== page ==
I also experimented with various uses of lining poles: one in front as a target for the original send, one at each pile of bumpers, both, neither. I'm not sure of their effects, since Laddie was also changing his responses as we progressed, but I think the poles at the bumpers were helpful till Laddie had memorized the course, and  were unnecessary but not harmful after that. I think the pole in the center was always helpful in clarifying where I was sending him, especially at longer distances.

Laddie had no vocalizing during the last several setups yesterday, running at least twenty retrieves in succession, and probably more, without vocalizing.

We had planned to train on water with a friend yesterday afternoon, but with temps in the 90s, we canceled.

This morning was much cooler, mid-60s, so I took Laddie out early again, this time with no assistant. Today's session was to a large extent a carbon copy of yesterday's, except that we increased distances and I used only whistle sits, no verbal "sit" cues. Like yesterday, we had one setup where Laddie vocalized every time we tried it, and I solved it the same way as yesterday.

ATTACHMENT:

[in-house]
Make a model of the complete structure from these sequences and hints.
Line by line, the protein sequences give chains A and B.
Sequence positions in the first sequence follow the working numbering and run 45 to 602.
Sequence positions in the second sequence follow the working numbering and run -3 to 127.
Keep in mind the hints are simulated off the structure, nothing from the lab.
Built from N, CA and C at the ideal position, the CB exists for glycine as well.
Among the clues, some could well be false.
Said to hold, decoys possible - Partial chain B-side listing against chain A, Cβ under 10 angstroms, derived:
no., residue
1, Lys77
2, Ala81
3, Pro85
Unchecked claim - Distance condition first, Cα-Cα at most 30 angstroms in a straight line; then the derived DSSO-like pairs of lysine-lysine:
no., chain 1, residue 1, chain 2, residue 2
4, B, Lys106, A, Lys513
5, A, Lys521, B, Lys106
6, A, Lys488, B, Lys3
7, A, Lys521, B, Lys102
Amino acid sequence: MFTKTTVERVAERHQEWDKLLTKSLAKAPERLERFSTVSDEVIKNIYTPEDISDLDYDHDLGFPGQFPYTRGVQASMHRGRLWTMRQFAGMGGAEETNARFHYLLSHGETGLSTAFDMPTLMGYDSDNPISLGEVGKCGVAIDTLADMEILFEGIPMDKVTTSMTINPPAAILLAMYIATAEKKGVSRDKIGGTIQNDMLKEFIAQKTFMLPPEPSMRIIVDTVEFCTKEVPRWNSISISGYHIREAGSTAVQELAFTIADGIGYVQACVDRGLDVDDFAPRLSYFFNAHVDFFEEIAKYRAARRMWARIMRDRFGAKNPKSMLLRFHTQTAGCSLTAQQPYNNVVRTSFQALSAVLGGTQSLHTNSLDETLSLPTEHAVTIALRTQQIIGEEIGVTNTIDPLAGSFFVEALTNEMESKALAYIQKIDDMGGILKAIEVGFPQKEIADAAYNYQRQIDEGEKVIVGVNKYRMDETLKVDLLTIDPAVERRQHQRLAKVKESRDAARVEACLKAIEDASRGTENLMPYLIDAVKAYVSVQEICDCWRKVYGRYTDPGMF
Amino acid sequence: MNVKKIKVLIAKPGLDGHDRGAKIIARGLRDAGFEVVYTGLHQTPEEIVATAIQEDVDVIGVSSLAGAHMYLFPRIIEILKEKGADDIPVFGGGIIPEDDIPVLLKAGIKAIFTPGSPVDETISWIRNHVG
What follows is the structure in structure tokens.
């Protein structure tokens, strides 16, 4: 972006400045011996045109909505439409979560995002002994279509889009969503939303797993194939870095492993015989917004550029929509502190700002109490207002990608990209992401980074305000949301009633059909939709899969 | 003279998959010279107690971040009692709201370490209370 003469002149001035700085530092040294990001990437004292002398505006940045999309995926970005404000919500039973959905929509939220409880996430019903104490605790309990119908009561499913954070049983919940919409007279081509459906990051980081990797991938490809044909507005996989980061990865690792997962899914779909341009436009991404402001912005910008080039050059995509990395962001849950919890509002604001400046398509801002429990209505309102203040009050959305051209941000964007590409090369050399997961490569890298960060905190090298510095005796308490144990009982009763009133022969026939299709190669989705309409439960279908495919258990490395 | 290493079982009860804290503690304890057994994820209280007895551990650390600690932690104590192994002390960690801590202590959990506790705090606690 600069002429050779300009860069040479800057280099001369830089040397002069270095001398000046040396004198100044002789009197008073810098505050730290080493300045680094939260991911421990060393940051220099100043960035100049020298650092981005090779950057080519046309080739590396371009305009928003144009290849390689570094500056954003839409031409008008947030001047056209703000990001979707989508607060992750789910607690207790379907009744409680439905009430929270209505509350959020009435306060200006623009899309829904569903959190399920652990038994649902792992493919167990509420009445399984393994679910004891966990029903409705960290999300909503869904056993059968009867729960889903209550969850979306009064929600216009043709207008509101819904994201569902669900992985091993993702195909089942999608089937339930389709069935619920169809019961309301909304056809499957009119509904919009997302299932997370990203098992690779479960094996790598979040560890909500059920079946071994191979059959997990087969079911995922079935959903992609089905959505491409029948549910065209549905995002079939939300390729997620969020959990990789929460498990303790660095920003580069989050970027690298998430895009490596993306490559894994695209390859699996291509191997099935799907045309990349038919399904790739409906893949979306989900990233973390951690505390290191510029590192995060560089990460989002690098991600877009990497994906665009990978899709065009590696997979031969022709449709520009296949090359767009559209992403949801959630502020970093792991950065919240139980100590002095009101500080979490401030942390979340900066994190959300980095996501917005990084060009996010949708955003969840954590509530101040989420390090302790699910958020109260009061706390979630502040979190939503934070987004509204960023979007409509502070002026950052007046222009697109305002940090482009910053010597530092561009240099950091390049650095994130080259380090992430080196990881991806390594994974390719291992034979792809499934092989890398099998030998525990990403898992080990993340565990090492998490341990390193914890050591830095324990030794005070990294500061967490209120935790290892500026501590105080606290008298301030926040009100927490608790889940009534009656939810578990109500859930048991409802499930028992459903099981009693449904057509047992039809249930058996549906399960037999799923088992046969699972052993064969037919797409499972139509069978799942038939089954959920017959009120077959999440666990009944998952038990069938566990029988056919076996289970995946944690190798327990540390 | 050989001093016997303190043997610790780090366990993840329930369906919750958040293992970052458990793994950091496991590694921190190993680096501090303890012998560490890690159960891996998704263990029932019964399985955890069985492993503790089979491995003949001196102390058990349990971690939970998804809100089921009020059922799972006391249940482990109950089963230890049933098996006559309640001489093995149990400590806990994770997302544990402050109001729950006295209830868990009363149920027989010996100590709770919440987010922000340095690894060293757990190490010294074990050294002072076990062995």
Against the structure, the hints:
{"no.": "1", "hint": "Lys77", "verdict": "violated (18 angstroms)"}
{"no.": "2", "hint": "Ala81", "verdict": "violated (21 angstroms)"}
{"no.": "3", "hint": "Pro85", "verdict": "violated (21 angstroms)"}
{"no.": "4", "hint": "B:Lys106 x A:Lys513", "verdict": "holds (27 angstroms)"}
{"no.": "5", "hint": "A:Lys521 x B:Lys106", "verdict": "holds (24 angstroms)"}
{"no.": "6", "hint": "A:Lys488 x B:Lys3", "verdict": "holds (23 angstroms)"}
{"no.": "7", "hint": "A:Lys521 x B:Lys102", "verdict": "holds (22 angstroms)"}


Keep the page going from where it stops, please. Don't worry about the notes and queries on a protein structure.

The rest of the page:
Without describing all six  setups, six bumpers each, that we used this morning, I'll just describe the last one.

I placed a lining pole in the center position, so that I could send Laddie to it and then stop him a couple of yards before he reached it. Fifteen yards to line's left was a pile of three bumpers (not touching one another) that I believe Laddie could see from the start line and from the center position.  Fifteen yards to line's right was a pile of the bumpers over a small bank, so they were invisible till Laddie reached them.

The first send was a distance of 20y to the center position in front of the lining pole. During each retrieve, I moved back about six yards, and after each retrieve, all noiseless, we played a little tug and then I lined him up again. By continuously moving back, the last send was 50y to the center position.